School cafeteria investigation

By Ashley Swann -

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RICHMOND, VA (NBC12) - In our special restaurant report, we take an in-depth
look at school cafeterias. They're held to the same standards as regular restaurants but, they serve a segment of the population that's even more susceptible to food borne illness. 

I surveyed the health inspection histories of nearly every school in our viewing area and found only one cafeteria that met our threshold for the critical list -- with four violations.

The majority of schools had near-perfect inspection histories, a finding we found so surprising, we decided to find out just how they do it. 

It isn't easy to run a kitchen with a near-perfect health inspection record. Just ask, Loretta Bryant, who's worked in the cafeteria of Henrico's Ward Elementary for 11 years.

"We work very hard," says Bryant, cafeteria manager at Ward. 

Credit hard work and organization for the success of a kitchen that serves about 400 hungry mouths everyday. From the moment Loretta arrives at 6:30 a.m., she and her staff of five
follow a strict set of guidelines. 
 
"If not, then your kids are gonna get sick, and we don't want the children to get sick,
we don't want to get sick," says Bryant. "We want to keep everybody as healthy as we possibly can because that's the name of the game."

And the rules of the game, when it comes to food safety, include everything from vigilant hair net and glove use, to constant handwashing and sanitation reminders.

"We'll go over again, like scrubbing, cleaning, sanitizing, the proper ways of doing it," says Bryant.

Because dangerous bacteria can grow on foods that aren't properly heated, everything, even pizza, is carefully checked. Bryant says, "If it doesn't reach temperature, then she puts it back in and she writes on the log that it went back into the oven."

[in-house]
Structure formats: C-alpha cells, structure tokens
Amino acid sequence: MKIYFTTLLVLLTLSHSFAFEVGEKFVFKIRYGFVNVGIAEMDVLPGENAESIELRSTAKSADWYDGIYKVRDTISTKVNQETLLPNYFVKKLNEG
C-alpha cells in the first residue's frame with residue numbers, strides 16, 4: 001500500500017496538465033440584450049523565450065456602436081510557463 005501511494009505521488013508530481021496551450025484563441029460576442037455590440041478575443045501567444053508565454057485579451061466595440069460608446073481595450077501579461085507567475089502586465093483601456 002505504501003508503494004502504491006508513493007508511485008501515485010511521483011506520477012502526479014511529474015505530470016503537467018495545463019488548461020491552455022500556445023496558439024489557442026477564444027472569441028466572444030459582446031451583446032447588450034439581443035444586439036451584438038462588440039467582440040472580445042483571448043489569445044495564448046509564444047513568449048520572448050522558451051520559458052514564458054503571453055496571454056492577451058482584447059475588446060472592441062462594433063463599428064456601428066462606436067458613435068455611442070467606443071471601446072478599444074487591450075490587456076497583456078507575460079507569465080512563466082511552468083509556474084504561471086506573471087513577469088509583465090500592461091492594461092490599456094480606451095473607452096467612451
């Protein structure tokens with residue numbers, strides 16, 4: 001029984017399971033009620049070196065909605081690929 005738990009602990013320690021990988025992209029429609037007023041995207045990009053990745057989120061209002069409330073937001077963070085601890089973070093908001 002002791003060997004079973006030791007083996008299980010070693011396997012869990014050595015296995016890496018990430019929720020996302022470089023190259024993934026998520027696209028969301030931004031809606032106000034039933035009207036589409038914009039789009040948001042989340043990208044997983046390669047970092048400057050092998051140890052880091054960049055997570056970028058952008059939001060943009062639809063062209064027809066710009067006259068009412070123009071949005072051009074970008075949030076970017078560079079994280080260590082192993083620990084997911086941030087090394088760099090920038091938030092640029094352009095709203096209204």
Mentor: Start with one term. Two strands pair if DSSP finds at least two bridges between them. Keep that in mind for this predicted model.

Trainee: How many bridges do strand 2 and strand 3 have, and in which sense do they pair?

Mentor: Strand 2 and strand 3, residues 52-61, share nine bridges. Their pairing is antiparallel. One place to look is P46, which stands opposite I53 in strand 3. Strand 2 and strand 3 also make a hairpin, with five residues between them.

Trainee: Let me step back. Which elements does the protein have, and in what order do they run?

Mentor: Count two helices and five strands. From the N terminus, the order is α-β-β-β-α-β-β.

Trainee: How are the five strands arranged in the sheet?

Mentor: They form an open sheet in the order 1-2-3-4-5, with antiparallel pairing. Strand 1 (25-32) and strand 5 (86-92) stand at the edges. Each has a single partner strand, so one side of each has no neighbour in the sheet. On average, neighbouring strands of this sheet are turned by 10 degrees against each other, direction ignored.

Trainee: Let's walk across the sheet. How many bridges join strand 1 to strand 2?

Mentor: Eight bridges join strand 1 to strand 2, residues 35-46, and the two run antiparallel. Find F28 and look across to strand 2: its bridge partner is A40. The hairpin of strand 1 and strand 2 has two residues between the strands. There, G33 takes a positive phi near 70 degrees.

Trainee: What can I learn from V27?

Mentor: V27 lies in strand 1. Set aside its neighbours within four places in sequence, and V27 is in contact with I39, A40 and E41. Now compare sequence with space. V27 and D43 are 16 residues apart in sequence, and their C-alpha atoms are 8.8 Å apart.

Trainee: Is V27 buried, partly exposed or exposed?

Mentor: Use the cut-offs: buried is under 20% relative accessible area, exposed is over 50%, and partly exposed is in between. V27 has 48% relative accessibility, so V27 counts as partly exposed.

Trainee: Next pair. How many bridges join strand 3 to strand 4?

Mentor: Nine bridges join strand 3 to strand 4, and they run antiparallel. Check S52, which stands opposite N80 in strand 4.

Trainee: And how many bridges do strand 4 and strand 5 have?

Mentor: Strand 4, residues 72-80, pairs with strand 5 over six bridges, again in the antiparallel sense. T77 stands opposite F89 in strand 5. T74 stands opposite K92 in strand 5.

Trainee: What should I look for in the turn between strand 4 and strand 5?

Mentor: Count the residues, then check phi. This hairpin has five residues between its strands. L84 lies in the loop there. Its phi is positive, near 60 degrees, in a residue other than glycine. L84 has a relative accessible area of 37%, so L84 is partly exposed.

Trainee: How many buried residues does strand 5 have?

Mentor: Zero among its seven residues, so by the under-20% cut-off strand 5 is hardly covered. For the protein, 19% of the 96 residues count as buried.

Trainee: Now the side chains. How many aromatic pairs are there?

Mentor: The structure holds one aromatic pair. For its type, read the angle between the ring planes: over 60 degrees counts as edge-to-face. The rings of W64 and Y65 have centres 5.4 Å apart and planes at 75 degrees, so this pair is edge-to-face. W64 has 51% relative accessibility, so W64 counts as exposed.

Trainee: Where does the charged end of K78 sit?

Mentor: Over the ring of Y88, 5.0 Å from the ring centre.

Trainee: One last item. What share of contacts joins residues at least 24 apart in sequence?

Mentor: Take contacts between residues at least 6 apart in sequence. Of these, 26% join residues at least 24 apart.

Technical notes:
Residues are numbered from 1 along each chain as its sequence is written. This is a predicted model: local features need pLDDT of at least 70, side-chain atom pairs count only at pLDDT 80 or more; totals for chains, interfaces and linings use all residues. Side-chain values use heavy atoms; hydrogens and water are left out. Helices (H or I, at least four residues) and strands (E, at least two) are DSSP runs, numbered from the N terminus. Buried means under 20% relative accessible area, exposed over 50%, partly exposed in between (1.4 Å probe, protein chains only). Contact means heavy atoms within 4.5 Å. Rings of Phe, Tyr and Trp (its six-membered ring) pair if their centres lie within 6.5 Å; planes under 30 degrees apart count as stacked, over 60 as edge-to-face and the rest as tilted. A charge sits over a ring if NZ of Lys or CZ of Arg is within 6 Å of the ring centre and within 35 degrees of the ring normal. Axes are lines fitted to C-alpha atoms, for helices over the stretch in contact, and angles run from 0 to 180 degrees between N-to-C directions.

And it's likely, according to Virginia Department of Health director Gary Hagy, that the same care is being taken at your child's school.

"I think parents should feel very safe and very comfortable with their school systems," says Gary Hagy.

In fact, our investigation of schools in Richmond, Henrico, Hanover, Chesterfield, Colonial Heights, Petersburg, Hopewell and Powhatan found an overwhelming majority are more than
making the grade.

"It doesn't surprise me that you're finding most of the schools in compliance. Do they have
violations? Sure, occasionally, they will," says Hagy.

The most frequent critical violations involved temperature control, storage mishaps, teachers scooping ice without a scoop, and, the all too common, failure to wash.

"Probably, if you look at most restaurants, you'll find the same violation, hand washing is a common critical violation that we see," says Hagy.

All in all, though, local school cafeterias seem to be doing just as well, if not better, than restaurants at maintaining food safety. And serving the needs of our youngest diners.

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